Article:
Cruz: I hope they’re not pissed. I hope that by me telling them that I have been told, and I believe and trust, that this is nowhere near the end of the story. I can also tell you that one of my favorite scenes in my 25-year career is in this season, and you haven’t seen it yet.
There’s more to come, and this is an epic story. This is an epic love story, and it’s gonna take an epic amount of time to tell it. There are going to be triumphs, and there are going to be disappointments. There’s going to be glory, and there’s going be sadness. That’s the makings of a great love story. It’s the makings of all great love stories. I’m hoping that the audience will go on this journey with us, because that’s what it is. I’m going on it every time I get a script. I go on that journey as well. I’m excited. I’m really excited about what I’m being told where this is going to go, and I’m hoping that they will trust us and go on that journey with us.
— Star Trek: Discovery (@startrekcbs) January 8, 2018
RT: I have my theories on why that is being underscored and what it could possibly mean in the plot, but what I’m really eager to see is a flashback of the meet-cute between Stamets and Culber. Like, I’d love to see that Kasseelian opera singing scene; in part because I wanna know how awful that opera actually is.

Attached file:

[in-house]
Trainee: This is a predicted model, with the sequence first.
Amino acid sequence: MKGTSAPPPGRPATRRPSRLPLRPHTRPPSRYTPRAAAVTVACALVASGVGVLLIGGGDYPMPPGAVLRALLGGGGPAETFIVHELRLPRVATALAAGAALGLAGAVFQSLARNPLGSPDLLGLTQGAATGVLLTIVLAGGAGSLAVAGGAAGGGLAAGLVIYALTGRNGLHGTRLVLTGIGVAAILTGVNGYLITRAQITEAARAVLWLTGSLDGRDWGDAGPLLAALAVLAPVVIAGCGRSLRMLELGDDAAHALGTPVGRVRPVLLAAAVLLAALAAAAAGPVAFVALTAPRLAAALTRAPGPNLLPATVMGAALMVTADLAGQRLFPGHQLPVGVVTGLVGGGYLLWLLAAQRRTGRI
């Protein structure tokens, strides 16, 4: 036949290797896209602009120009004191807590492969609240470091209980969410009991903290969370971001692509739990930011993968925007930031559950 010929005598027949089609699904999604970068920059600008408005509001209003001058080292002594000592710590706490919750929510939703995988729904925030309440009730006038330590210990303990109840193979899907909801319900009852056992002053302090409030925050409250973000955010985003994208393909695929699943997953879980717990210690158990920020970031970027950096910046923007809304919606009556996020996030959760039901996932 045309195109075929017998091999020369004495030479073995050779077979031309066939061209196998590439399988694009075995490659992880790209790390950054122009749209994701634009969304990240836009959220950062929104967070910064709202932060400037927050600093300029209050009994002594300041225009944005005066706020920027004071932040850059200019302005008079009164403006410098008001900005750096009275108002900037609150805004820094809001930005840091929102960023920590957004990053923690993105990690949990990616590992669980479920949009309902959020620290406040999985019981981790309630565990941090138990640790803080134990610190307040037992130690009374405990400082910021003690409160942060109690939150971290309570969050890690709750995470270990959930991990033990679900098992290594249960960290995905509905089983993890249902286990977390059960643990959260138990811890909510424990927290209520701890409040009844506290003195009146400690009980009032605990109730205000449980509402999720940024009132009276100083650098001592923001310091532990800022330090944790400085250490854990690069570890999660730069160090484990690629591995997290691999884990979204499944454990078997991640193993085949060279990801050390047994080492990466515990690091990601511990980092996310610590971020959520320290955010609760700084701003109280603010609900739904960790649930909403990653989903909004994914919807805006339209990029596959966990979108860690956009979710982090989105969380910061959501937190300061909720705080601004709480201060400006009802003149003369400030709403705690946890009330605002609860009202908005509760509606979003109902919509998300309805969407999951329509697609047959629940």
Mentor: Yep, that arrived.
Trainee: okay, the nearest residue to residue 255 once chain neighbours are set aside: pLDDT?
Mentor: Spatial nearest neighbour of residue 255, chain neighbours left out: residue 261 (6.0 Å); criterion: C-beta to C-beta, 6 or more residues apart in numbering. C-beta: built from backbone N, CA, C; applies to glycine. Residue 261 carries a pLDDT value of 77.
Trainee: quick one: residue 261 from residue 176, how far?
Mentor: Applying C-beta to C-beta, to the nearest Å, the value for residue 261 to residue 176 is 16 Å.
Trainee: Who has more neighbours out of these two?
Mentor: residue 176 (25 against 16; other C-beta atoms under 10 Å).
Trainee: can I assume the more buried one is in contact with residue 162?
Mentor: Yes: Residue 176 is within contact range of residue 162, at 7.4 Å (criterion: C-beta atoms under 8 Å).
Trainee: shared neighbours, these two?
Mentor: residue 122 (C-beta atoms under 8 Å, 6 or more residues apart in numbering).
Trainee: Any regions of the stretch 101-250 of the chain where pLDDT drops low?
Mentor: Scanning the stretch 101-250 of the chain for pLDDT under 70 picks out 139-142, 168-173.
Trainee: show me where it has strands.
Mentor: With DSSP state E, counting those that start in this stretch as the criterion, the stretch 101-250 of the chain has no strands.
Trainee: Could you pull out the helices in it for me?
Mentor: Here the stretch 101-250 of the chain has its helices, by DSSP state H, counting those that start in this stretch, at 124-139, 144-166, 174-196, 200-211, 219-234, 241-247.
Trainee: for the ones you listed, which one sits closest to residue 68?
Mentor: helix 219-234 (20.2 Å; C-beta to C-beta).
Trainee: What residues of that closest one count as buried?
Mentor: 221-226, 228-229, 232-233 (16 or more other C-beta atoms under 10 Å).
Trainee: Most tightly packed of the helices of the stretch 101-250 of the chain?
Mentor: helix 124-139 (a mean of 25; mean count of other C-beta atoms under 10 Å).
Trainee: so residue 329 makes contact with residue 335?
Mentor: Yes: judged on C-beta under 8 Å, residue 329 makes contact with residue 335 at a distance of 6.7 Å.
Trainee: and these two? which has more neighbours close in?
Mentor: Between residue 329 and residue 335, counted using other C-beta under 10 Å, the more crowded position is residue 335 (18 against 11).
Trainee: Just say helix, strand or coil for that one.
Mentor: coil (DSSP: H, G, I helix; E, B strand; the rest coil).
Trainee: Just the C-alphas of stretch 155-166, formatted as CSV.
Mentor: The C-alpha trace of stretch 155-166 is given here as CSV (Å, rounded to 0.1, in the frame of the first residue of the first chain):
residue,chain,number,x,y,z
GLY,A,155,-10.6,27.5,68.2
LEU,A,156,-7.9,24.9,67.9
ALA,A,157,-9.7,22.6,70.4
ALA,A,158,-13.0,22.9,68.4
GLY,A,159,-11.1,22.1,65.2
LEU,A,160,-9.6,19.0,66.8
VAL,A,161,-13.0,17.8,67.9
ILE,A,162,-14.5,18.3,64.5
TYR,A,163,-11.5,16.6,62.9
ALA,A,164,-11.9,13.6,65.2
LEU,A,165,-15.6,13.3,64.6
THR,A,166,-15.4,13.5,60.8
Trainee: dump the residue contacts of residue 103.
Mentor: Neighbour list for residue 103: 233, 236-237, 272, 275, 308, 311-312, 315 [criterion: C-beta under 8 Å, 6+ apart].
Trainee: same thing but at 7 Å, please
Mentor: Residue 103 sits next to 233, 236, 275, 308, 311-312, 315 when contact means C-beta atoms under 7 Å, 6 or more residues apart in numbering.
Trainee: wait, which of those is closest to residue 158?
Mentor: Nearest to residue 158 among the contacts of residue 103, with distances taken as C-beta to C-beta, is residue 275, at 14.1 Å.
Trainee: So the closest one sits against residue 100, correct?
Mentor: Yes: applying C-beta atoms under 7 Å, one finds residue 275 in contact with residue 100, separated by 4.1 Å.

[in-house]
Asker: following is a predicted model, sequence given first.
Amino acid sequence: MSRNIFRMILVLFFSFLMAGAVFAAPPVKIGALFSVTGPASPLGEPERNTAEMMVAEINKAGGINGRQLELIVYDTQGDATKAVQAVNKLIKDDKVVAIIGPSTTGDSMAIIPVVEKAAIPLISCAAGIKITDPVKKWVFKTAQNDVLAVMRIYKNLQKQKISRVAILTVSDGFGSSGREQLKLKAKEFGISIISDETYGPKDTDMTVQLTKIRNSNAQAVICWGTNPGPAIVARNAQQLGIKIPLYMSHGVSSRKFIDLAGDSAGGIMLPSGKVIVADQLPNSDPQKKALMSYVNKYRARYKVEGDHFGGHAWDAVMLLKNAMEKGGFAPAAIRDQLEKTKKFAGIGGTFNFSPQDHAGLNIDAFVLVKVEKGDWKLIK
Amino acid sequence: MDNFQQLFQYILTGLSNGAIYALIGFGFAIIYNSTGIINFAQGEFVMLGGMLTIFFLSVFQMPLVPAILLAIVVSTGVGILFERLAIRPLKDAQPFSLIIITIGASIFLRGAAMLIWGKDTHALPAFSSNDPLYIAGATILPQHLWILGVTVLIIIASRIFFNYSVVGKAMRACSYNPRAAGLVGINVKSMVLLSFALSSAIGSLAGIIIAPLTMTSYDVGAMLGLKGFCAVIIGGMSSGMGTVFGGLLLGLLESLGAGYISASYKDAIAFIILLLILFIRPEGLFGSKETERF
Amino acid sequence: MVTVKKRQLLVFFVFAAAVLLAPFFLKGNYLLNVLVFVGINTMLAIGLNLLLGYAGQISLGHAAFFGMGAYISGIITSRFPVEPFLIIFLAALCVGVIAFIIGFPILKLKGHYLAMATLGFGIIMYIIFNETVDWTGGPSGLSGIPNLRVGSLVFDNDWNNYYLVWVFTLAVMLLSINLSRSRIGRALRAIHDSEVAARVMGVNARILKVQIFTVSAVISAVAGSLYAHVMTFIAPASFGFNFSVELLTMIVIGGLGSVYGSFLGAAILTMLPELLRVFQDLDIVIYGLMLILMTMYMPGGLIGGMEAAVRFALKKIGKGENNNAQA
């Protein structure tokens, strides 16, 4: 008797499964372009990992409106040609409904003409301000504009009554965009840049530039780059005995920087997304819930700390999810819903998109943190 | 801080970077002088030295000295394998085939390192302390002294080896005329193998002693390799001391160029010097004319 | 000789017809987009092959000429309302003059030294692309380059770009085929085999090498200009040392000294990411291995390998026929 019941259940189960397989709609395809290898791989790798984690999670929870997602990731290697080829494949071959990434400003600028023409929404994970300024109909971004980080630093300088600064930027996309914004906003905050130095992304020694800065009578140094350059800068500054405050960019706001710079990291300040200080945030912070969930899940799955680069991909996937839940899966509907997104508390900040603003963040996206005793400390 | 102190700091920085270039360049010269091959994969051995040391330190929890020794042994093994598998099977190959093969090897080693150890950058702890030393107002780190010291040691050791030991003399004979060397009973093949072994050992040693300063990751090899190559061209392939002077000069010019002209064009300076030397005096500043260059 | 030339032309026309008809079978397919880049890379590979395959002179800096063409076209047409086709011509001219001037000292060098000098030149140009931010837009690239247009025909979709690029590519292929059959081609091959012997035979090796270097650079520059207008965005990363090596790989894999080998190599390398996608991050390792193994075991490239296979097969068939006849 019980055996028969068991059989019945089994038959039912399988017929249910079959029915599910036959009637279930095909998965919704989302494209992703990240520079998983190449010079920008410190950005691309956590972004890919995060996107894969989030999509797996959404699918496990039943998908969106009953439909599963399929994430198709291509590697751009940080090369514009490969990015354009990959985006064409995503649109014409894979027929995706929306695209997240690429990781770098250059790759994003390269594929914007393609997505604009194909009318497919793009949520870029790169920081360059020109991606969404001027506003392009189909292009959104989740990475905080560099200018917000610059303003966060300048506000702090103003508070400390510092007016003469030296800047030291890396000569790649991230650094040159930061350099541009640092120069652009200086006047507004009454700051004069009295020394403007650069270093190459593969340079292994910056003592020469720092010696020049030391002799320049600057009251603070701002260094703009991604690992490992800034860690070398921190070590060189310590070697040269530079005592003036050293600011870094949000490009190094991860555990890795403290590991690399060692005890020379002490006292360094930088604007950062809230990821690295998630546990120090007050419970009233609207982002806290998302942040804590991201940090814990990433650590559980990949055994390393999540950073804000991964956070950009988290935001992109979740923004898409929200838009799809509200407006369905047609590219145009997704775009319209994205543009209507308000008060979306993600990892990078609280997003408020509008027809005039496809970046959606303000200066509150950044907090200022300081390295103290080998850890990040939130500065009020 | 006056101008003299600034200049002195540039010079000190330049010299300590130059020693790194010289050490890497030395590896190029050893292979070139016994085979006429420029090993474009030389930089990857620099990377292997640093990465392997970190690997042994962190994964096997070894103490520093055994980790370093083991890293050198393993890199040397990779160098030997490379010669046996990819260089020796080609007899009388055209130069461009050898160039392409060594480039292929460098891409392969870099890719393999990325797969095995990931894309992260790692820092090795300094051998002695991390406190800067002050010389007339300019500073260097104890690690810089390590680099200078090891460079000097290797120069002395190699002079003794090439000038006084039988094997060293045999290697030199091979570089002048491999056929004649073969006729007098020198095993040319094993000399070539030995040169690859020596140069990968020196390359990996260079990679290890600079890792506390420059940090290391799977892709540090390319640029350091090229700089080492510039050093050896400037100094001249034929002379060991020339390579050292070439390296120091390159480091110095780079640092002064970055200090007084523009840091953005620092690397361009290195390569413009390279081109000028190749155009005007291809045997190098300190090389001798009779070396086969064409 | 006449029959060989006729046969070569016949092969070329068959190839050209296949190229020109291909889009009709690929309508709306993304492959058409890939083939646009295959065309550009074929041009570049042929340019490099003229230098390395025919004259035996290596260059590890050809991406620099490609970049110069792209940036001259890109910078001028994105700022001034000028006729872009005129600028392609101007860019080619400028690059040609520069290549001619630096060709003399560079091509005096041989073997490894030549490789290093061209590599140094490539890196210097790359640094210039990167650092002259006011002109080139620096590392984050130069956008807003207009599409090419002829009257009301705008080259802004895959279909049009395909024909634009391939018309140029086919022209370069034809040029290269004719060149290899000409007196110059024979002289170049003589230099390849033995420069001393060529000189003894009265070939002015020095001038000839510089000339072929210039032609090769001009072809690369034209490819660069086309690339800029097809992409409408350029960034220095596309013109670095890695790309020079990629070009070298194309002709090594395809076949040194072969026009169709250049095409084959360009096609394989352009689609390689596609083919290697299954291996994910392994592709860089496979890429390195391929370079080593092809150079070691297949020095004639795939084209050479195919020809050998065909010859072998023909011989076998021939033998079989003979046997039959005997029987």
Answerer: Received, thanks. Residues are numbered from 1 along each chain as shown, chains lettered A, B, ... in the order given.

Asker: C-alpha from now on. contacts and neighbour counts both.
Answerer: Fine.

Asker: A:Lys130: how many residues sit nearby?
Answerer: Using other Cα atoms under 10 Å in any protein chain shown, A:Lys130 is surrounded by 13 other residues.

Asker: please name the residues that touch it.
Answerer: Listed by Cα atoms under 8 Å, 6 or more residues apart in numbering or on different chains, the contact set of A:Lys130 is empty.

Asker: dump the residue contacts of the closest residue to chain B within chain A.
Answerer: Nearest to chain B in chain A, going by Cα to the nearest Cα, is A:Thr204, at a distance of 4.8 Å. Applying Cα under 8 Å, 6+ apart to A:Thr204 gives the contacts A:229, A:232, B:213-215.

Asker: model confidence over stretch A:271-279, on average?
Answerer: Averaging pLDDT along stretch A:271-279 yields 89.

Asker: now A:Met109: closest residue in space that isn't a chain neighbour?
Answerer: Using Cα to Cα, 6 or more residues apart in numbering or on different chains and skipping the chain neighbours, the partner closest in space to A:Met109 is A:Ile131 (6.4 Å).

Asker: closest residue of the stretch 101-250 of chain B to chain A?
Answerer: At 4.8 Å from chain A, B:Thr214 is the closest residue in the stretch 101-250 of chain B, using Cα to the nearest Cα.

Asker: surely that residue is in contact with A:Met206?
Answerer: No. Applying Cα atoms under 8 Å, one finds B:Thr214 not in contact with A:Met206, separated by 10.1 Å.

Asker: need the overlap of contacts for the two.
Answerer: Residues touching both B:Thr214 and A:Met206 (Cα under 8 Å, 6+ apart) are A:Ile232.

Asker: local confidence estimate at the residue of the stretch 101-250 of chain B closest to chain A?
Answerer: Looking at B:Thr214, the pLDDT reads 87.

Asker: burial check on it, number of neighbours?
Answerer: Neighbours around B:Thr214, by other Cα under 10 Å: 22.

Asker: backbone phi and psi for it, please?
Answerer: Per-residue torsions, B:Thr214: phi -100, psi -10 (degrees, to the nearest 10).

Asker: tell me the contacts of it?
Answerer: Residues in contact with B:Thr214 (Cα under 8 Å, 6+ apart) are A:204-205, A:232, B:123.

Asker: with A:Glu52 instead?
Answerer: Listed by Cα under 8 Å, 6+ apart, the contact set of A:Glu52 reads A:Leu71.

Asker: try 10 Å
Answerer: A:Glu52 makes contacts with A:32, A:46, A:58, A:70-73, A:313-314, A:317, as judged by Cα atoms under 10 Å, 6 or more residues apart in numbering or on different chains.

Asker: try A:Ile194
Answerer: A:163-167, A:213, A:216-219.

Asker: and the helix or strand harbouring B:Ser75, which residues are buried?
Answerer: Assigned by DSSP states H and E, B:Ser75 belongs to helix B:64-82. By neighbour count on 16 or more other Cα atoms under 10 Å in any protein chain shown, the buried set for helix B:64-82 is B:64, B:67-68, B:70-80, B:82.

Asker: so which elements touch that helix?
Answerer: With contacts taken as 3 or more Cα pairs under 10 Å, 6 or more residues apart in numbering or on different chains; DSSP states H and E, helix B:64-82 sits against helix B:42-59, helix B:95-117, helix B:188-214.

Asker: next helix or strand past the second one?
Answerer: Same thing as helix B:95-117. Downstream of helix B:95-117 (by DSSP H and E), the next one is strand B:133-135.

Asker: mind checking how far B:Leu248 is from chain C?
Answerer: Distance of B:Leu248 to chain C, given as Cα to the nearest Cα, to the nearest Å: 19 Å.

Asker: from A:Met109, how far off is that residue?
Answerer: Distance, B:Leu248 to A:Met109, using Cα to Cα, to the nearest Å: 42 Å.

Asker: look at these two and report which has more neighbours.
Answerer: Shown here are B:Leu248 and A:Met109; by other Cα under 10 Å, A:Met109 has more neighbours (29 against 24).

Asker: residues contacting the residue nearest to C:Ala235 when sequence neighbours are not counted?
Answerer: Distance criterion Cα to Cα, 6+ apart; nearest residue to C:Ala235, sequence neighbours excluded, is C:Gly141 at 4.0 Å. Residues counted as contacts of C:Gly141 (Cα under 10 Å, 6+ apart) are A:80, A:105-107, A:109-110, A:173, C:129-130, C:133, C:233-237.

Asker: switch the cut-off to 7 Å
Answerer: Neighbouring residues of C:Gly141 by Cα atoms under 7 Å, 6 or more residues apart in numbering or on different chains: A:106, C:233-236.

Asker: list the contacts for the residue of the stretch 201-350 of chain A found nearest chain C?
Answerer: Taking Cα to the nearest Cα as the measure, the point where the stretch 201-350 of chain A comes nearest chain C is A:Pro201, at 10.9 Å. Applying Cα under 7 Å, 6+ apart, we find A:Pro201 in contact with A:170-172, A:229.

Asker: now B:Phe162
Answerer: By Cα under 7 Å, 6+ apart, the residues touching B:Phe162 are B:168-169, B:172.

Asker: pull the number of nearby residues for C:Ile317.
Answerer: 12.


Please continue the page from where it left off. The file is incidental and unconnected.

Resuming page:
Cruz: I’m gonna tell you right now, in my mind, it’s atonal. And it’s minimal orchestration music. I think Dr. Culber is into that. Like Philip Glass music. You know what I mean?
RT: I do know what you mean.
Cruz: I will say this: Maybe you will. Maybe you won’t. I don’t know. There are endless possibilities, and I’m so excited to delve into them.
RT: I can’t wait to watch Twitter and see how people respond.
Cruz: I don’t know that I’m prepared, to be honest with you. I’m just gonna say to people, “Breathe. Just breathe through this.” We’re gonna go through stages of grief. I think it’s appropriate. I think that’s appropriate. I think it’s OK. I’m giving people permission to be sad. Don’t be angry. You have permission to be sad. But we will come out of this on the other side.
RT: Are you permitted to engage on social when all of that is going down?
Cruz: Yeah. Sure. I see someone who’s really just too upset to live, I’m gonna say something. And luckily I’m gonna be at Paradise City Comic-Con the following weekend in Miami so I can soothe people there in person.
RT: To do the big-picture view, how important has it been to you personally to be such an important part of the Star Trek canon?
Cruz: I was a teenager when I first started watching Next Gen. And it was a big deal for me. So when I think about what this means to me, I think about some 13-year-old boy or girl of color who may be questioning their sexuality who gets to watch me on TV and understand and know that their possibilities are limitless and that a future in which who they are is more important than what they are is possible. We’re planting the seeds in the minds of those young people so that they can make that world real. That’s what it means to me.